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Naloxone now available without a prescription at Walgreens in Arizona

Naloxone has been hailed as a life-saving drug that combats the negative effects of an opioid overdose, during which a person may experience depressed (slowed) respiration, sedation and dangerously low blood pressure. A type of opioid antagonist, naloxone within a matter of minutes reverses the negative effects produced by opioid drugs, including heroin and prescription opioid medications.

Since it was approved by the Food and Drug Administration (FDA) in April 2014, naloxone has been available by prescription in the United States, allowing licensed doctors, emergency medical technicians or practitioners to dispense the drug and other approved opioid antagonists. Now more states are making the drug available to people who are at risk of experiencing an opioid overdose, their families and other organizations to reduce the number of deaths that result from opioid overdoses.

Last year, Arizona legislators granted authorization to people who are at risk of an opioid overdose as well as their families to purchase naloxone without a prescription. In accordance with state regulations for pharmacies in Arizona, as of Jan. 17, 240 Walgreens pharmacies now offer both the injection and nasal forms of the drug without a prescription.

A rising public health concern

Together, heroin and prescription opioids accounted for more than 33,000 drug overdose deaths in 2015, reported the Centers for Disease Control and Prevention (CDC). Drug overdose deaths are now the highest on record and continue to increase in the U.S. Each day, 91 Americans die from opioid overdoses and more than 1,000 people are treated in emergency departments for misusing prescription drugs and taking them in ways other than directed.

Public health initiatives to combat opioid overdose deaths in Arizona

With rising concerns about increasing opioid overdoses and unintentional deaths across the country, public health initiatives have been implemented in an effort to save lives.

In Arizona, two legislative bills were signed by Gov. Doug Ducey last May in an effort to target the opioid epidemic and reduce the number of opioid-related drug overdoses in the state. The first bill, SB 1283, targeted “doctor shopping” by requiring physicians to use the Controlled Substance Prescription Monitoring Program (CSPMP) database before prescribing a controlled substance to a patient.

The legislature of the state of Arizona passed the second bill, HB 2355, to authorize pharmacists to dispense naloxone without a prescription to family members or persons at risk of experiencing an opioid overdose.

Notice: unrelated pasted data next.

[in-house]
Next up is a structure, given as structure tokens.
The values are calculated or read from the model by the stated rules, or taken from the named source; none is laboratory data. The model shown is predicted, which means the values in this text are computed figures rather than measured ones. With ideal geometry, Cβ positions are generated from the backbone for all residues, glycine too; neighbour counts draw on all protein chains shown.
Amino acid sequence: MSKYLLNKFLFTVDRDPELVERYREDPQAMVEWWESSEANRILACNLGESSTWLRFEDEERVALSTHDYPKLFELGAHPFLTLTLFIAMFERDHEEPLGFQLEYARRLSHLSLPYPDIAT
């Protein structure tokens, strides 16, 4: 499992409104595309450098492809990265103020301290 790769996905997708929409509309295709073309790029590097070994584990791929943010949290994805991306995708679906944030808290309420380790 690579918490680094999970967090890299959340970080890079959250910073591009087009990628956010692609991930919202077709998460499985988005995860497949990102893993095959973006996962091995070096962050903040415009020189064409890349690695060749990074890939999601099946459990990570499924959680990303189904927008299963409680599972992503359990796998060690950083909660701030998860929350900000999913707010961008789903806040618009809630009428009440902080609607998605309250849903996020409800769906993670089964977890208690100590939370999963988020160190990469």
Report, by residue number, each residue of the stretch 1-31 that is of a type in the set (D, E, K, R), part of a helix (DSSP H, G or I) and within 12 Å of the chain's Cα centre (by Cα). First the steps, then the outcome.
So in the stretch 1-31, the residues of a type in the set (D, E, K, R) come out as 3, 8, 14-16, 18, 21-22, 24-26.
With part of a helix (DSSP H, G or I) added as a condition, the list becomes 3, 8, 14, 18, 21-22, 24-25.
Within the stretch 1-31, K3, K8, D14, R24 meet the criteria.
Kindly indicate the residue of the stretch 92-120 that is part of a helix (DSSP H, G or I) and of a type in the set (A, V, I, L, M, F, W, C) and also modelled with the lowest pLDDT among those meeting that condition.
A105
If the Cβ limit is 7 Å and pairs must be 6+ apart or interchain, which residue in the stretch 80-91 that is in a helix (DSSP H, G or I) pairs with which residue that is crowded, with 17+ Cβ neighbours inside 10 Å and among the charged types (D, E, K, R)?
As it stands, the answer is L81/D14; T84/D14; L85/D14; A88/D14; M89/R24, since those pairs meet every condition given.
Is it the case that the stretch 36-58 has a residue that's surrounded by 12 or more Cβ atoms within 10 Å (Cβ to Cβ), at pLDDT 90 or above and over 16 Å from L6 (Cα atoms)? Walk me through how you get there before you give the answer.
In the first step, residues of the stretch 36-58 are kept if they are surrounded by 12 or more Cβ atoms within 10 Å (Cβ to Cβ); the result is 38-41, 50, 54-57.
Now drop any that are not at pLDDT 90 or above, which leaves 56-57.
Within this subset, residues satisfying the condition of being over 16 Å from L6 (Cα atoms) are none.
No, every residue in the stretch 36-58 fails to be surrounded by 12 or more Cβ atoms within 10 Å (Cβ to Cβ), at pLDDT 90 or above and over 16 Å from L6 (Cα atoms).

Along with other key efforts that Gov. Ducey has made to combat the opioid epidemic, expanding the availability of this life-saving medication may give people who overdose on opioid drugs a second chance at life. The governor expressed his hope that those who are fortunate enough to get a second chance will seek treatment to overcome their addiction to opioids.

Opioid addiction treatment at Sovereign Health

Sovereign Health is a leading provider of individualized and comprehensive behavioral health treatments for patients who have mental disorders – including eating disorders, substance use disorders and co-occurring conditions.

Our Arizona facility in Chandler specializes in the treatment of trauma for women. We offer complementary and evidence-based treatments including cognitive behavioral therapy, neurofeedback and other effective options to help people overcome opioid addiction.

To learn more about the behavioral health treatment programs offered at Sovereign Health of Arizona, please contact our 24/7 helpline to speak to a member of our team.

About the author

Amanda Habermann is a senior staff writer for Sovereign Health. A graduate of California Lutheran University, she received her M.S. in clinical psychology with an emphasis in psychiatric rehabilitation. Her master’s thesis was written on “The effect of parental codependency on elementary school children’s social and emotional development,” and her research has been accepted for poster presentations at the Western Psychological Association. She brings to the team her extensive clinical background and skills in psychological testing and assessment, clinical diagnosis, research and treatment, and recovery techniques for patients with mental illness. She is a passionate researcher and enjoys staying up to date on the newest topics in the field. For more information and other inquiries about this article, contact the author at

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